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‘Blindspotting’: Daveed Diggs and Rafael Casal on the Devastating Alternate Ending Audiences ‘Couldn’t Take’

The co-leads and screenwriters shared their abandoned script plans with Barry Jenkins and LACMA patrons.

Daveed Diggs Rafael Casal Blindspotting

Daveed Diggs and Rafael Casal in “Blindspotting”

Lionsgate

[Editor’s note: The following article contains spoilers for “Blindspotting”]

“Blindspotting” performed well in its 14-theater debut this weekend — good news for its stars/writers/producers, who nixed a gut punch from the conclusion. Daveed Diggs and Rafael Casal told Oscar-winning screenwriter Barry Jenkins (“Moonlight”) about the alternate ending earlier this month following a Film Independent at LACMA screening.

In the Sundance 2018 opener — from director Carlos López Estrada — Collin (Diggs) successfully completes his parole, escaping several chilling incidents with guns (some caused by Casal’s Miles). At the beginning of “Blindspotting,” he witnesses a white cop (Ethan Embry) kill an unarmed black man; in act three, Collin almost pulls the trigger on Officer Molina, but walks away. The compassionate choice allows him to move out of the Oakland halfway house where he has lived for the past year.

“The thread that is the one that we couldn’t finish out is Collin in the halfway house keeps getting reminded to clean the bathroom,” said Casal, who worked on the film for a decade with Diggs. “That’s pulled from a story that [happened to] one of the people Collin’s based on…In the real story, he had done a six-year bid in federal prison, got out, he did a year of halfway-house probation, and on his last day, he forgot to clean the bathroom, and they sent him back to jail for seven months,” he continued, eliciting gasps from the audience.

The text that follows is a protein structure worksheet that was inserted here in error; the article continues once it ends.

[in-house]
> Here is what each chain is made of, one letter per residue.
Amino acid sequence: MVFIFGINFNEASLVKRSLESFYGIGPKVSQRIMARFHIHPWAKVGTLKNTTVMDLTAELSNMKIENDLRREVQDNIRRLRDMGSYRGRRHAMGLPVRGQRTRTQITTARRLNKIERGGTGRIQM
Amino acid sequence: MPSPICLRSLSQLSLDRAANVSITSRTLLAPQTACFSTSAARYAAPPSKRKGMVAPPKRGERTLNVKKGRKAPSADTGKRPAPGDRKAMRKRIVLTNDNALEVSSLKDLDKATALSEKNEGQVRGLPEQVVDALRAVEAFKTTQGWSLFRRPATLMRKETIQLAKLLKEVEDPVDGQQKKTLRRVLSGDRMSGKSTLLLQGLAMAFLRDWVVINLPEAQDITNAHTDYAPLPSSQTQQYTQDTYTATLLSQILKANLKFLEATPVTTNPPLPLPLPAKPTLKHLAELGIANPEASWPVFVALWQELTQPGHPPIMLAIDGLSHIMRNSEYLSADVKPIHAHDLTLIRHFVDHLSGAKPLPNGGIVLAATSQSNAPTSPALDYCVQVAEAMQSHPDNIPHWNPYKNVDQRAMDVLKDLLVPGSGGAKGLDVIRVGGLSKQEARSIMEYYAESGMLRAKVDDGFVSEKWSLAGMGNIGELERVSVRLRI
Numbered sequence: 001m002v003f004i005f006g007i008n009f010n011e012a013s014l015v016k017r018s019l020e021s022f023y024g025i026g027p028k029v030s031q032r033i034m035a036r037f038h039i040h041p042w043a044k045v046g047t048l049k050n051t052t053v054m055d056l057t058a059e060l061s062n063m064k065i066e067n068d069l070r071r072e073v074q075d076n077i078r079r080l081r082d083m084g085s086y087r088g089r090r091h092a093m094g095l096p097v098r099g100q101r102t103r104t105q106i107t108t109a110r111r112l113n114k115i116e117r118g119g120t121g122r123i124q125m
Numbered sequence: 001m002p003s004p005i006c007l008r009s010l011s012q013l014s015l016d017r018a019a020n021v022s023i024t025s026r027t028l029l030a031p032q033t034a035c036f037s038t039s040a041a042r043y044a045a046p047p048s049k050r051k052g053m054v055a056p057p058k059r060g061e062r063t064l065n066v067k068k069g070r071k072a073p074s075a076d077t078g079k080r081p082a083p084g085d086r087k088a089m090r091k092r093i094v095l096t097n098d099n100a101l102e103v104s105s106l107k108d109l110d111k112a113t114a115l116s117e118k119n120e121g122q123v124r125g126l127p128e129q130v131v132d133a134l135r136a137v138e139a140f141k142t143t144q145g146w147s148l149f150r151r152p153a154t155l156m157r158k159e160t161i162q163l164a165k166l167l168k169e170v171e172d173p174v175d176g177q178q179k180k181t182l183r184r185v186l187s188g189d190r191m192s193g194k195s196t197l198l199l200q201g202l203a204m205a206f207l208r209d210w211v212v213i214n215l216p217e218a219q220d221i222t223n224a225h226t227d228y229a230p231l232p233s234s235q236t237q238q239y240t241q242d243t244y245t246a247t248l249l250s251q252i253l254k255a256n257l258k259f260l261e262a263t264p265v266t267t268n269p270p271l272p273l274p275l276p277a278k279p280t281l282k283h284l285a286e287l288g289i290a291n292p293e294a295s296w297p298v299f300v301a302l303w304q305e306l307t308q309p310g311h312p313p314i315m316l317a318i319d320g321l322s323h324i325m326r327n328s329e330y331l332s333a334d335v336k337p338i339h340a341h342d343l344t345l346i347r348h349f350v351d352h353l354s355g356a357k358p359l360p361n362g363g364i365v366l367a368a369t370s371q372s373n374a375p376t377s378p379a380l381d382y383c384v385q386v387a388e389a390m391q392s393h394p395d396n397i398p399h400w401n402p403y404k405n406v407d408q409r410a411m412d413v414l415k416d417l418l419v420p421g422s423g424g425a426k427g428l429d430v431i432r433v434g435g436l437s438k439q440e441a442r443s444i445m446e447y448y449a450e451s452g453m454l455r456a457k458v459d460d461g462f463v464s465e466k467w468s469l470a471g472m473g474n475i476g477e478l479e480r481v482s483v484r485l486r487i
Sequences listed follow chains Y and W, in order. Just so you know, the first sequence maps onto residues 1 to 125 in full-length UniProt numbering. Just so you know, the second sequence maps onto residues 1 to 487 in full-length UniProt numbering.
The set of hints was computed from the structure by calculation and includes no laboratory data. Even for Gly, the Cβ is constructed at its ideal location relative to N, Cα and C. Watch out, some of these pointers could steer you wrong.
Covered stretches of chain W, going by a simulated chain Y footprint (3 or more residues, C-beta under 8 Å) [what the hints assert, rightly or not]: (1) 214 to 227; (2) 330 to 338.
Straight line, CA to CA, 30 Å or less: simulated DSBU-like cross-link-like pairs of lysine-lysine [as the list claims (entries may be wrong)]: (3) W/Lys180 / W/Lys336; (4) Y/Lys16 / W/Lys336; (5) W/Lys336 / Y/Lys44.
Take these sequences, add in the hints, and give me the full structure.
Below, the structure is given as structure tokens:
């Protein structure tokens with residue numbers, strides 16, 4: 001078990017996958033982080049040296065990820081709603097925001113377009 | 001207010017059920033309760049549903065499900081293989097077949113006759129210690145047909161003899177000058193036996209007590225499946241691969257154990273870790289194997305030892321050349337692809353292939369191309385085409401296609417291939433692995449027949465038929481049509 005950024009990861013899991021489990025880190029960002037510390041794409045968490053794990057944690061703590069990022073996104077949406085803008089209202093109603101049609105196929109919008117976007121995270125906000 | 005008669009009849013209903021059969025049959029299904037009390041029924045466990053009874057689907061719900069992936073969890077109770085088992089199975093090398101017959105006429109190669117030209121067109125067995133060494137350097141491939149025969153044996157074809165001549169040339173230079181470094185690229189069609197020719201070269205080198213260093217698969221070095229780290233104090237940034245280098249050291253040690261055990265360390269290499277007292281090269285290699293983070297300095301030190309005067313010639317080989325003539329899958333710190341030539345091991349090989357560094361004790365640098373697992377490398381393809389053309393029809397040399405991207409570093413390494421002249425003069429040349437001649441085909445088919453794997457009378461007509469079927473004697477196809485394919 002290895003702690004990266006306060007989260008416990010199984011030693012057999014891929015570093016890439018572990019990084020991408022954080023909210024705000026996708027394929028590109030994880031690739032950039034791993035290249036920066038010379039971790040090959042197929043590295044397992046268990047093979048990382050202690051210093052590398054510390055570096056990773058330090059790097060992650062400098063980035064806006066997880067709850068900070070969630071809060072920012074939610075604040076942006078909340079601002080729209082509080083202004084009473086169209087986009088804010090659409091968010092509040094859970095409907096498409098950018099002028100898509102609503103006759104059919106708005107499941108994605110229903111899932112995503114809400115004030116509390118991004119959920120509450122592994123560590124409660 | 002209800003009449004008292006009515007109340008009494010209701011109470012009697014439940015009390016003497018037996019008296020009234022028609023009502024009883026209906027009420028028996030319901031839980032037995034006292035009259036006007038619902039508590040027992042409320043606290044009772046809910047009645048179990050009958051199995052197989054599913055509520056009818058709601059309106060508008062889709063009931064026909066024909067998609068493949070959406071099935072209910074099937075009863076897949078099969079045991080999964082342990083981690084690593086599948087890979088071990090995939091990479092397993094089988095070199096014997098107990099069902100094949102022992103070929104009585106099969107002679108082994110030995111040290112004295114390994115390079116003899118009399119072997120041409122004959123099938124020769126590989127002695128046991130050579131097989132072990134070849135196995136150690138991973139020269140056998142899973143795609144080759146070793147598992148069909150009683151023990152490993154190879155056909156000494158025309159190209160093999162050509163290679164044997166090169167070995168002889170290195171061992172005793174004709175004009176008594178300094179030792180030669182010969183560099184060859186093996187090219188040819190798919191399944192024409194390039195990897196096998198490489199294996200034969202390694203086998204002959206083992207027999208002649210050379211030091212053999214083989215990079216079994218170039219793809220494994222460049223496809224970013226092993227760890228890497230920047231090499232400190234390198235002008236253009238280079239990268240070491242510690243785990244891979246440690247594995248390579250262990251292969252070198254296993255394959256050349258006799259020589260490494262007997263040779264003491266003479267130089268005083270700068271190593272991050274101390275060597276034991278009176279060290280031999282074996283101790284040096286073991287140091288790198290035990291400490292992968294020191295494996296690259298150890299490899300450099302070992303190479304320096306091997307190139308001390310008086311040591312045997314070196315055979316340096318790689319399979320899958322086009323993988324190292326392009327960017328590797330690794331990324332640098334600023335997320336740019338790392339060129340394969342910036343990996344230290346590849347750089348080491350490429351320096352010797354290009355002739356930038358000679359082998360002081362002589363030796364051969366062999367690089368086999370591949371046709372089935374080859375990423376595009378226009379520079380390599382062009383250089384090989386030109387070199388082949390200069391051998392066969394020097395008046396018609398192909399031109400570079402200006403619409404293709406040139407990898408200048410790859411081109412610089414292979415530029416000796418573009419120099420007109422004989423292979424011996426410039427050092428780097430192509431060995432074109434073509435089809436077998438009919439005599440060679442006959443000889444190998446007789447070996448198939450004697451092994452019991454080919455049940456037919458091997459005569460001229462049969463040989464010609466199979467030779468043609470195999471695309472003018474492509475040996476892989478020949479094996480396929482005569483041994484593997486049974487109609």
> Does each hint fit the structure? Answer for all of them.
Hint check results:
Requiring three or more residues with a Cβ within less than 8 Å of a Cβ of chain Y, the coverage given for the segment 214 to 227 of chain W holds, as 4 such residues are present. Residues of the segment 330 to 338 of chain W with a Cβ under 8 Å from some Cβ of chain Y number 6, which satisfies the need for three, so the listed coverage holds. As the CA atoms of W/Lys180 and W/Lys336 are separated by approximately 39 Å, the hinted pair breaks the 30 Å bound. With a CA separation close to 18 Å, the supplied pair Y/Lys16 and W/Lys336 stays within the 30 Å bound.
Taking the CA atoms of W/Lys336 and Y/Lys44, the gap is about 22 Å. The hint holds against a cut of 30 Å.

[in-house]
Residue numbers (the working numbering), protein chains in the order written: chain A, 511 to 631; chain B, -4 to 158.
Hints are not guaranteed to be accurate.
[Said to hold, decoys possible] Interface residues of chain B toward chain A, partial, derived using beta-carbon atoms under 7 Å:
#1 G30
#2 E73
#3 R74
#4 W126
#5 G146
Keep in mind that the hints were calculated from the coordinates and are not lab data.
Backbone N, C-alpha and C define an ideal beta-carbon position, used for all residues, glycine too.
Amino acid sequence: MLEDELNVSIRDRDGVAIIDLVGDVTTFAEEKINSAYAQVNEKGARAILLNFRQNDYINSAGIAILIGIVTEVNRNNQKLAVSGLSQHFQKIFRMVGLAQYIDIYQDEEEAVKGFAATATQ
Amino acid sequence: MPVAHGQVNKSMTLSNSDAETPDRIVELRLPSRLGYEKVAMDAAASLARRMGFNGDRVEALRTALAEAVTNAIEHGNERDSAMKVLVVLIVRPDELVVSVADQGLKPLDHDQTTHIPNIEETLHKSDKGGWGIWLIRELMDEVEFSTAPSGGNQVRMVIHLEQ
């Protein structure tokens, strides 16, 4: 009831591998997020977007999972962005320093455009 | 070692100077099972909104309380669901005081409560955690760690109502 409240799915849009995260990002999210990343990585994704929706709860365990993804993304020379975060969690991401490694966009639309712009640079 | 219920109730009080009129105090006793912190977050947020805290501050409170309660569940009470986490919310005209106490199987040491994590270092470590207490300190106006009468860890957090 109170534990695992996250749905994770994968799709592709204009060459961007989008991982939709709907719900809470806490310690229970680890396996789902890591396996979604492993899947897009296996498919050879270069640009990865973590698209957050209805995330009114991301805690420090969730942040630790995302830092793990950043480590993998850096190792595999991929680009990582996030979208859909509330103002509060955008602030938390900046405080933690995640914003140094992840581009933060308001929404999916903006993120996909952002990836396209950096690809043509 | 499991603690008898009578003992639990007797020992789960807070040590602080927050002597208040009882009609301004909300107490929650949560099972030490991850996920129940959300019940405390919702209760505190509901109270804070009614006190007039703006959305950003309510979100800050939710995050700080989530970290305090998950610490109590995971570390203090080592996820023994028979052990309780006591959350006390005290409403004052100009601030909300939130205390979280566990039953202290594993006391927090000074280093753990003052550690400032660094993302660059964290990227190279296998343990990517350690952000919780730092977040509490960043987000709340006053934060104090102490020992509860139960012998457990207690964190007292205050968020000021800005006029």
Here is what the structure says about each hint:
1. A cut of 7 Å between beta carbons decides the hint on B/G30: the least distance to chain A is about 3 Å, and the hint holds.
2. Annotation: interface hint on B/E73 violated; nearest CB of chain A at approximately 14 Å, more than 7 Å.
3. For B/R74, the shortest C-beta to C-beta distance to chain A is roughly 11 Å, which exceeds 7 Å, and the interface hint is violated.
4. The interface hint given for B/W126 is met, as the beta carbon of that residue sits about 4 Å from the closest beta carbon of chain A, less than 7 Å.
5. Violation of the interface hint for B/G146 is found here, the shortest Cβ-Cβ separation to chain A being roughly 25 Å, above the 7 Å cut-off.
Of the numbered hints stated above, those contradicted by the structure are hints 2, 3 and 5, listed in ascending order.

“For somebody on probation…that’s a trap,” said Diggs, a Tony and Grammy Award winner for “Hamilton” (his director from the musical, Thomas Kail, was in attendance). Law-enforcement officials are “actively trying to send you back [to prison], and make money off of you when you’re in there, and when you’re out of there.” Casal described the many minuscule oversights that can resulted in more incarceration time as “idiotic” and “a minefield for you to climb your way through.”

With their friend’s experience in mind, Casal said, “we originally had an ending when Collin avoided everything, and he went back to jail in the last scene” for neglecting his janitorial tasks. “And then we realized ya’ll couldn’t take it,” he conceded, to laughter and applause.

“What we’re hoping to do throughout the end of the film — we don’t really say much about what we hope it does, publicly, really, but we love ya’ll, so we’ll talk about it — is it’s just a call for empathy,” explained Casal. “My favorite thing about the film is that at the end of the movie, an ex-con with a gun on a cop is who you’re rooting for. And if you can do that in here, we can do that with people” in the outside world. Whenever newscasts run through the familiar “menu” of a person’s past criminal activity, Casal wishes those at home “don’t immediately go, ‘Deserves it.'”

Lionsgate will bring “Blindspotting” to theaters across America this Friday.

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